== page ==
These frontline workers endure tremendous hardships to support Maine’s economy, and they deserve the same workplace standards and protections as all other workers. The measure passed both chambers, but was vetoed by Governor Mills. We will continue supporting similar legislation to advance racial justice in Maine and give the workers that sustain some of our vital industries the resources to support themselves, their families, and their local economies.
Restoring tribal sovereignty:
The Wabanaki were the first on this land now called Maine, and the Wabanaki citizens deserve the right to self-determination on this land they never ceded. LD 2004 would have granted the Wabanaki Nations some of the federal benefits afforded to every single other federally recognized tribe in the United States, moving them closer to being on the same footing as all other federally recognized tribes. Tribal governments have proven for decades that when granted these federal benefits, they serve all communities, as outlined in a 2022 analysis by the Harvard Project on American Indian Economic Development. When the Wabanaki prosper, all of Maine prospers.
A bipartisan majority passed LD 2004, but the measure was vetoed by Governor Janet Mills. We will continue supporting Wabanaki leaders in their fight for sovereignty.
Protecting democracy by ensuring the candidates with the most votes win:
Imagine a system to elect the President of the United States where the candidate with the most votes could actually lose. You just imagined our system. And it has happened more than once — and as recently as 2000 and 2016, despite the fact that George W. Bush and Donald Trump received fewer votes than their opponents.
Under National Popular Vote, the candidate with the most votes in the country would win — not most of the time, but every time. We will continue supporting voting rights advocates as they lead the effort for Maine to join the National Popular Vote Compact. Under this proposal, states would give their electoral votes to the candidate for president who gets the most votes in the country. National Popular Vote ensures that each vote cast has an equal impact on the outcome of the Presidential election, thus furthering the principle of one person, one vote.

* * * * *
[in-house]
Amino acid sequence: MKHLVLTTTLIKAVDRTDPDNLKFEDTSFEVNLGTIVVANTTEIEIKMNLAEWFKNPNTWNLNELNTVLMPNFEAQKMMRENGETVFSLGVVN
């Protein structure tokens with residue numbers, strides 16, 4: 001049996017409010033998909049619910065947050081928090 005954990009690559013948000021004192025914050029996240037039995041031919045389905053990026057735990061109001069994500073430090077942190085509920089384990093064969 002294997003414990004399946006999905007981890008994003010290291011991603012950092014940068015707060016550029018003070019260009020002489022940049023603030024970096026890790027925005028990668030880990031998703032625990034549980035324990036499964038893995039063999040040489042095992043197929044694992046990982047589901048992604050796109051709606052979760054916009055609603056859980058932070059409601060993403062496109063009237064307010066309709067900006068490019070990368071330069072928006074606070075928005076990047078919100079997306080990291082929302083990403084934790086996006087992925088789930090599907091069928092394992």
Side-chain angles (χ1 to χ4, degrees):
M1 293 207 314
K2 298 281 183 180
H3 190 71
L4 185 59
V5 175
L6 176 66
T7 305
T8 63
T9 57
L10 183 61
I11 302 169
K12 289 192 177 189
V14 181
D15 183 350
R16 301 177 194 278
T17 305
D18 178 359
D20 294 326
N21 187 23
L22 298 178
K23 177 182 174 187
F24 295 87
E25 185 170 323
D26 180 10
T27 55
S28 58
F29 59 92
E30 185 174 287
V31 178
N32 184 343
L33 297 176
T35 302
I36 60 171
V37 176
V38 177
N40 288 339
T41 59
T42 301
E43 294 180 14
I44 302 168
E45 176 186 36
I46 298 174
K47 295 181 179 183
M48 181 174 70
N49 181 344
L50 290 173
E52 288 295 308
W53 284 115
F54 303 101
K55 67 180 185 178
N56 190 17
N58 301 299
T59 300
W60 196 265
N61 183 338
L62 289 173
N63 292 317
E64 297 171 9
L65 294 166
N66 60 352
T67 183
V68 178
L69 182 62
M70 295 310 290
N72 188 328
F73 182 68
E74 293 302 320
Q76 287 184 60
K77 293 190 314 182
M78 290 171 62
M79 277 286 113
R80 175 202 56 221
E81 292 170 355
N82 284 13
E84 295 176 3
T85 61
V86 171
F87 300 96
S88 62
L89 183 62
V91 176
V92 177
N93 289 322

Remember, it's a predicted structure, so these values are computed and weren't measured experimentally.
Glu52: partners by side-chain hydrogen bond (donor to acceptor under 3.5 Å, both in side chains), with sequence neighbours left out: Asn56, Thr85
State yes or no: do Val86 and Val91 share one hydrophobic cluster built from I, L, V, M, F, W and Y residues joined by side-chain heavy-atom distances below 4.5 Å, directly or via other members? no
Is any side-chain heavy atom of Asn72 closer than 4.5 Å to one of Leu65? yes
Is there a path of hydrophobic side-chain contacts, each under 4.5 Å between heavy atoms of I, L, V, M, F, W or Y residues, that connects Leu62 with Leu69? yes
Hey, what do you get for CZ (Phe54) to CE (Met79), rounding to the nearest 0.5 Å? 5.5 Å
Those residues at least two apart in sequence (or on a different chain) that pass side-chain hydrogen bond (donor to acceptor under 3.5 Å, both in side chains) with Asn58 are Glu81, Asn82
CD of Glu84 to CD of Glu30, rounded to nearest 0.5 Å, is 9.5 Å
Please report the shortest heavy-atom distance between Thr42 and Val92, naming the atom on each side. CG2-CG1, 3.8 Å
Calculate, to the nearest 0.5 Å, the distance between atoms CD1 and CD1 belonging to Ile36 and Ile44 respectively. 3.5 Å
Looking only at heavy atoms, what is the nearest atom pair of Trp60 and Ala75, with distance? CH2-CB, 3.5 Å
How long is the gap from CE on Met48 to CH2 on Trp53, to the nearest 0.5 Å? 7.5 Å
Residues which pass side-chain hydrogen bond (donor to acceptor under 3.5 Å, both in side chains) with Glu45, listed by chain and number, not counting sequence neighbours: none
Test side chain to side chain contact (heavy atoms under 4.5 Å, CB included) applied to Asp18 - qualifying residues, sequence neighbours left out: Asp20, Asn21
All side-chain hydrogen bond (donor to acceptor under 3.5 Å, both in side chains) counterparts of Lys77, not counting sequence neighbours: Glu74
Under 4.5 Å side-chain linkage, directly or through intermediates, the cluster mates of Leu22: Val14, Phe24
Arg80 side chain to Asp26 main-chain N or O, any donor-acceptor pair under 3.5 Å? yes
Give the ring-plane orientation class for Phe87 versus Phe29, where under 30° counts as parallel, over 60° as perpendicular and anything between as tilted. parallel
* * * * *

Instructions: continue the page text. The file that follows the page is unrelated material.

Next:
Currently, the 16 states that have joined the compact hold a collective 205 electoral votes. Once enough states join that they hold 270 electoral votes (the number needed to win the Electoral College), the candidate with the most votes nationwide would win the election. Read more about it here.
Closing Maine's youth detention center:
Maine's young people need access to support services like after-school programs, counselors, therapy, and violence intervention. All kids make mistakes and misbehave, and incarceration will never be the right response. Youth incarceration disproportionately entangles children of color – particularly Black children – and children with disabilities in the criminal legal system.
Children in Maine's Long Creek Youth Development Center have faced violence from guards, had their civil rights violated under the American with Disabilities Act, and are separated from their families and communities. We will continue supporting legislation to close Long Creek, and instead invest in the support services that children and their families need to thrive.
Increasing access to affordable housing:
Historic and ongoing segregation and discrimination has prevented marginalized groups — particularly Black communities — from accessing safe, affordable housing and home ownership. A lack of access to housing is the upstream cause of the downstream crisis for unhoused people. One statistic tells a lot of the story: every $100 increase in median rent is associated with a 9 percent increase in the homelessness rate. Read more about why the housing crisis is a civil rights crisis here.